Aircraft Cabin Management spoke with VP brand and communications at SAS – Scandinavian Airlines, Karin Nyman, to find out more about the airline’s commendable initiative to help the overburdened healthcare sector during the coronavirus crisis.
The coronavirus outbreak has had a devastating effect on airlines around the world, with carriers everywhere dramatically reducing operations.
In March, SAS announced it had been forced to temporarily halt most of its traffic. With flights at near standstill, the carrier also had to temporarily lay off up to 90 per cent of its total staff.
However, with a well-educated, safety-conscious workforce that is prepared to meet unexpected and challenging situations in a calm and methodical way, it was apparent to SAS that these qualities were in high demand for the healthcare sector – now more than ever.
To help the healthcare industry cope with the coronavirus pandemic, SAS has kicked off a ground-breaking voluntary scheme for its staff to work for the sector during the outbreak.
VP brand and communications at SAS – Scandinavian Airlines, Karin Nyman, explains how the idea was born.
“We were facing a difficult situation due to the coronavirus outbreak which has resulted in demand for air travel becoming essentially non-existent,” she said.
“This has meant we’ve had to temporarily halt most of our flights and lay off more than 10,000 employees, which is equivalent to 90 per cent of the total workforce.
“We started this voluntary initiative because the healthcare sector is very stretched at the moment and we realised that our staff could help. We’re extremely proud of our highly skilled workforce.”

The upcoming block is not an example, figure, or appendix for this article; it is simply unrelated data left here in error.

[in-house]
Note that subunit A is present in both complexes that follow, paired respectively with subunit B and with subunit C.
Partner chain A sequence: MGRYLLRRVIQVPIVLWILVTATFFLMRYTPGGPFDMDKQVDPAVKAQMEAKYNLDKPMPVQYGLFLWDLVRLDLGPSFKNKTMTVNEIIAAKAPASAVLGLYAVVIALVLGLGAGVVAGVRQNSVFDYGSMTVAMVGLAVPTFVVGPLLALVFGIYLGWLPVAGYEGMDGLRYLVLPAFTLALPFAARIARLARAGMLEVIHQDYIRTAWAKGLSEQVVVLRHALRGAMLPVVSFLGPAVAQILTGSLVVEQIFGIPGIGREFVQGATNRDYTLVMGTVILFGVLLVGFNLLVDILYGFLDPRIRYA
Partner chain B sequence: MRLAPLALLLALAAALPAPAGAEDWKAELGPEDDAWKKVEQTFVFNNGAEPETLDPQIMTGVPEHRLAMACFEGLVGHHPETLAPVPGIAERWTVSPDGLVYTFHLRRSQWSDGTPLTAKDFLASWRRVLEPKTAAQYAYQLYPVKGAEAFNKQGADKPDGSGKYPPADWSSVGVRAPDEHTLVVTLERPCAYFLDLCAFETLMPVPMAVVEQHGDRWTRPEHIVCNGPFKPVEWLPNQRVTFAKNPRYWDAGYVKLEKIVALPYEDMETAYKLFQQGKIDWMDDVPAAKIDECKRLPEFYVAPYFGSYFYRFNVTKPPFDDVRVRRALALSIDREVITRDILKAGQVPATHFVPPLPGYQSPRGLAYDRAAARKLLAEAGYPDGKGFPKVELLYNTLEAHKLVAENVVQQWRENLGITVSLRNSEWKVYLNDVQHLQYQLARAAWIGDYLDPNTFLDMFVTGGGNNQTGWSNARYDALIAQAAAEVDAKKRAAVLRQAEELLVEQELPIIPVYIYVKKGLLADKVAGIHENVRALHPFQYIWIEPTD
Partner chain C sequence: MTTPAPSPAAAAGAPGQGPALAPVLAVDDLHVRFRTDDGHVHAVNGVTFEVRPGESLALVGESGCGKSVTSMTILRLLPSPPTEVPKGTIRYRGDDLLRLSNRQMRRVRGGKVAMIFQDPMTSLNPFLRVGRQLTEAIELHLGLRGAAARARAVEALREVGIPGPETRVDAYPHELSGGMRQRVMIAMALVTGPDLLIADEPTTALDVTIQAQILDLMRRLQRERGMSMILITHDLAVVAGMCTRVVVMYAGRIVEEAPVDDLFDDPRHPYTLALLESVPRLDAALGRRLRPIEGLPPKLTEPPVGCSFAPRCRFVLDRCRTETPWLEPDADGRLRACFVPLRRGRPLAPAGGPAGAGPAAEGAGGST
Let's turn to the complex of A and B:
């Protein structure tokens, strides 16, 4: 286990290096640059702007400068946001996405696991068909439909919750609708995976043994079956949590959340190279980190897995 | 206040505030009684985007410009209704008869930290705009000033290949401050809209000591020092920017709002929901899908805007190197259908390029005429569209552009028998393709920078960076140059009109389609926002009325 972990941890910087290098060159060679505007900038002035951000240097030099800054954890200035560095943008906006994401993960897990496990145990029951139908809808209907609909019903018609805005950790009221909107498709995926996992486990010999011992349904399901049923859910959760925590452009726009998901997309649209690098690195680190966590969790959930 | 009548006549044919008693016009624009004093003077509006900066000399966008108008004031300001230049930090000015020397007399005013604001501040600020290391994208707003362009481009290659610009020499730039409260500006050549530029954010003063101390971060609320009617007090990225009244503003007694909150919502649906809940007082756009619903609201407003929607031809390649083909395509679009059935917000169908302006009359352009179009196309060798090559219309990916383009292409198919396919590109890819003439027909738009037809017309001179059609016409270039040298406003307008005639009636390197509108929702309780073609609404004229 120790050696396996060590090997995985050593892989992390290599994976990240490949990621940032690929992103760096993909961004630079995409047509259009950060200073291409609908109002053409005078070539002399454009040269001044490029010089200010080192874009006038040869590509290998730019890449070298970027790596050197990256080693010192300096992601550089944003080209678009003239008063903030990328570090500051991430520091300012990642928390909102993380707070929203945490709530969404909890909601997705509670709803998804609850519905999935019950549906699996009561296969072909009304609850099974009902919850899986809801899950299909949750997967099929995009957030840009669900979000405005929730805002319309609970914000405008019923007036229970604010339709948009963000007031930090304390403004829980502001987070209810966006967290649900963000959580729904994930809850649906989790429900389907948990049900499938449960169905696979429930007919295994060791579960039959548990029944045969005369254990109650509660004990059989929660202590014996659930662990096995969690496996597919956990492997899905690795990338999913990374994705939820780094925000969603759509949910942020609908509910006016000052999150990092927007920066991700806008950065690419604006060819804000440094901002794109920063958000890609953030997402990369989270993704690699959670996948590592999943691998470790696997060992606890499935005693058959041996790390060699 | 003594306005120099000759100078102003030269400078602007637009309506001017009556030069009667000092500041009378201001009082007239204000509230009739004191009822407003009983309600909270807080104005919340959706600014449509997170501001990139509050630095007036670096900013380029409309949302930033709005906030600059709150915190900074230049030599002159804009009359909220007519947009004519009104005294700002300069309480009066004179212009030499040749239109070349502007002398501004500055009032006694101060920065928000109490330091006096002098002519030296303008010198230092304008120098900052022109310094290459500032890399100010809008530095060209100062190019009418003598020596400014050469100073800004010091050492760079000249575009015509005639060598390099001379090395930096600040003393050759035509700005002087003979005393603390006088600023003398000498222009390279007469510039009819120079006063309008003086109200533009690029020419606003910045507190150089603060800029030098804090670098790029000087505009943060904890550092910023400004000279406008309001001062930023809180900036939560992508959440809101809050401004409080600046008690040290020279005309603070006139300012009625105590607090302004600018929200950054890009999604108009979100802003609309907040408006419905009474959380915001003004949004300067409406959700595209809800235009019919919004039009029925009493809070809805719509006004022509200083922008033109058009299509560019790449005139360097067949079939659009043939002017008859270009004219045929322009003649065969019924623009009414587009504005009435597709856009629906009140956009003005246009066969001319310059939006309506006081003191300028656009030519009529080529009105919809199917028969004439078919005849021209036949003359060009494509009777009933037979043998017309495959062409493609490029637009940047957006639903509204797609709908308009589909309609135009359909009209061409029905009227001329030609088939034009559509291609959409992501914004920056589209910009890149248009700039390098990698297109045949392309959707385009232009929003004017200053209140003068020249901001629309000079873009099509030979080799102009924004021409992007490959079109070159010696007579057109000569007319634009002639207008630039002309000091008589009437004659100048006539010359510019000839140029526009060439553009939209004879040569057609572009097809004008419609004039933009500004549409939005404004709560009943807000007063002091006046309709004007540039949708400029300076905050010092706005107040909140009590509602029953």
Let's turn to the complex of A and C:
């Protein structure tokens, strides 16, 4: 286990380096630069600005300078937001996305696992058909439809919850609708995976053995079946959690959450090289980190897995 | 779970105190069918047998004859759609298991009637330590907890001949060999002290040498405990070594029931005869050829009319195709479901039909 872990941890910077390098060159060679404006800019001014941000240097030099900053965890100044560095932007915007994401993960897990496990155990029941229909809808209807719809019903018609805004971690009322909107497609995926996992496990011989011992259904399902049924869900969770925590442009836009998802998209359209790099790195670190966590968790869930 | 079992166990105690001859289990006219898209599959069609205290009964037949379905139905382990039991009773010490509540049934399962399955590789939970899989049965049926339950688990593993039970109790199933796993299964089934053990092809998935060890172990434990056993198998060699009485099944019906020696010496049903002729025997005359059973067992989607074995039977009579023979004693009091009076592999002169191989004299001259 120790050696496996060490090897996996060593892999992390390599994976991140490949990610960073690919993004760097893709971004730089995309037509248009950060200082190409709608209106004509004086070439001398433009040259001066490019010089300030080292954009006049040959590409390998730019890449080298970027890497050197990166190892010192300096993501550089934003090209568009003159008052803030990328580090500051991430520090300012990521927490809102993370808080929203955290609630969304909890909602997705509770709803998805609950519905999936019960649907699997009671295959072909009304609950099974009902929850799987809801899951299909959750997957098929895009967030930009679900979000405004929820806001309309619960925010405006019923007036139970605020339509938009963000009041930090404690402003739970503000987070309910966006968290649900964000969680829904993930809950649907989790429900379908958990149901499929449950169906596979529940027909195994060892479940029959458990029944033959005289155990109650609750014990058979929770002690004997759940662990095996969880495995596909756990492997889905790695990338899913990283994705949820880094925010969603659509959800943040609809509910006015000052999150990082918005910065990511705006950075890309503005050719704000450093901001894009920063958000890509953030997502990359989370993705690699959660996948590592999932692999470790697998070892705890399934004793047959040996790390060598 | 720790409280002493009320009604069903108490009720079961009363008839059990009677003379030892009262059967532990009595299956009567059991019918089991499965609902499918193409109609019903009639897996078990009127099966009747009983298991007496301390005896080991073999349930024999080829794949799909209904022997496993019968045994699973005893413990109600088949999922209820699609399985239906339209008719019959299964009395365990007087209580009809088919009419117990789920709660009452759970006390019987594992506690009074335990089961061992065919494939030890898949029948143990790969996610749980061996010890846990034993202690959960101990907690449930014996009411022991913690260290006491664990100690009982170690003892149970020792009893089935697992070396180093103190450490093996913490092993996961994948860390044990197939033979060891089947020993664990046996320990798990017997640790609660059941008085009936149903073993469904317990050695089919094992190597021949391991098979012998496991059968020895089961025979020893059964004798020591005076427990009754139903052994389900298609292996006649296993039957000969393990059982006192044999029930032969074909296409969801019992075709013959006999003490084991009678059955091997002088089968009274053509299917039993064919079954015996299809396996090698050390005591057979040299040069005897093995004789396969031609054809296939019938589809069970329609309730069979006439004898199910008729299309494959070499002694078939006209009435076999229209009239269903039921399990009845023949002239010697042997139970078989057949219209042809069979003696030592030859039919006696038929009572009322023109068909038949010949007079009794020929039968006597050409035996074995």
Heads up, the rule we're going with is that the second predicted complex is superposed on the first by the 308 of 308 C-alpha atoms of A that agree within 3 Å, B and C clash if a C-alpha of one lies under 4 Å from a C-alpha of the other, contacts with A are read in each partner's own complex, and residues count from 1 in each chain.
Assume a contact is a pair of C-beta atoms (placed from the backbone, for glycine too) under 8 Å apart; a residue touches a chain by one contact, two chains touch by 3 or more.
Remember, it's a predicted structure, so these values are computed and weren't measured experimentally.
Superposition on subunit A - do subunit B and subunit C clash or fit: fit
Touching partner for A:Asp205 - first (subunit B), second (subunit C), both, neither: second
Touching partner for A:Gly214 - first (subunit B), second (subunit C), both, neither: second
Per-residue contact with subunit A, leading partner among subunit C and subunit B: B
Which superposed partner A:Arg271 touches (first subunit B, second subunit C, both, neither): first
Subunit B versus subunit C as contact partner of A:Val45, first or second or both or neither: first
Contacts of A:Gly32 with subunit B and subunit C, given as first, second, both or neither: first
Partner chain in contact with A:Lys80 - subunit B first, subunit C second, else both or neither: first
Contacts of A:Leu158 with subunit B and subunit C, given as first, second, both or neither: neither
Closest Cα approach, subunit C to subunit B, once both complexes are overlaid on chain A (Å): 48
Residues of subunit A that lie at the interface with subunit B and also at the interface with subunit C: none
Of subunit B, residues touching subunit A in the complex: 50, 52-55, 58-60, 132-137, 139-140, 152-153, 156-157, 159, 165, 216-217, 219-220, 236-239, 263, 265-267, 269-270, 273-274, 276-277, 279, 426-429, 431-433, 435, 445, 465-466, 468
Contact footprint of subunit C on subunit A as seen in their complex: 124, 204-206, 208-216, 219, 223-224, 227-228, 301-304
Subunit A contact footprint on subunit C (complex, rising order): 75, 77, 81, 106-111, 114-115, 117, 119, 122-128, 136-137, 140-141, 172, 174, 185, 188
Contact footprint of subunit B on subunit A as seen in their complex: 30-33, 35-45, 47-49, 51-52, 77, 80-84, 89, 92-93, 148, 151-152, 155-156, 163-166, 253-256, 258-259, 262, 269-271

Nyman says that, in addition to crew members taking part in special healthcare skills training when joining SAS, many have also actually already worked in the healthcare sector before.
Expanding the initiative
Nyman explains there are two stages in the airline’s healthcare initiative recruitment process.
“In stage one, we have offered our hourly employees in Sweden the opportunity to apply and around 500 have applied so far. The first initiative was arranged together with Sophiahemmet and the Wallenberg Foundation and to that initiative there were about 300 applicants.”
Nyman says the training course offered by Sophiahemmet, the airline’s partner, will take three days and staff are then ready to start work immediately.
“Sophiahemmet is a privately owned healthcare company and they were able to quickly set up a tailored course based on our employees’ existing skills.”
Stage two will allow the carrier’s other staff to join the initiative as the scheme is extended to all employees who are laid off.
“We are also going to launch the scheme in Norway this coming week and Denmark will then follow,” Nyman explains, continuing that interest in the initiative is constantly growing also within other SAS employees as well as cabin crew. Departments such as IT and loading have important skills that can be very valuable to the healthcare sector.
Regarding which healthcare sectors the SAS employees will be working for, Nyman says trained staff will be able to work in many different areas such as elderly care and care homes specialising in neurological conditions.
“Another area the initiative will be supplying volunteers for is the pharmacy sector. Pharmacies are of course very busy at the time and our staff can help working in customer services, for example.”
“We are incredibly proud of how this initiative has come together in such a short time, and of our wonderful staff members who have been involved in making it a reality,” Nyman sums up.
In addition to this initiative, SAS invites authorities, institutions, businesses and voluntary organisations to make use of the competencies found in SAS until the airline is able to fly again.
Visit flysas.com for more information.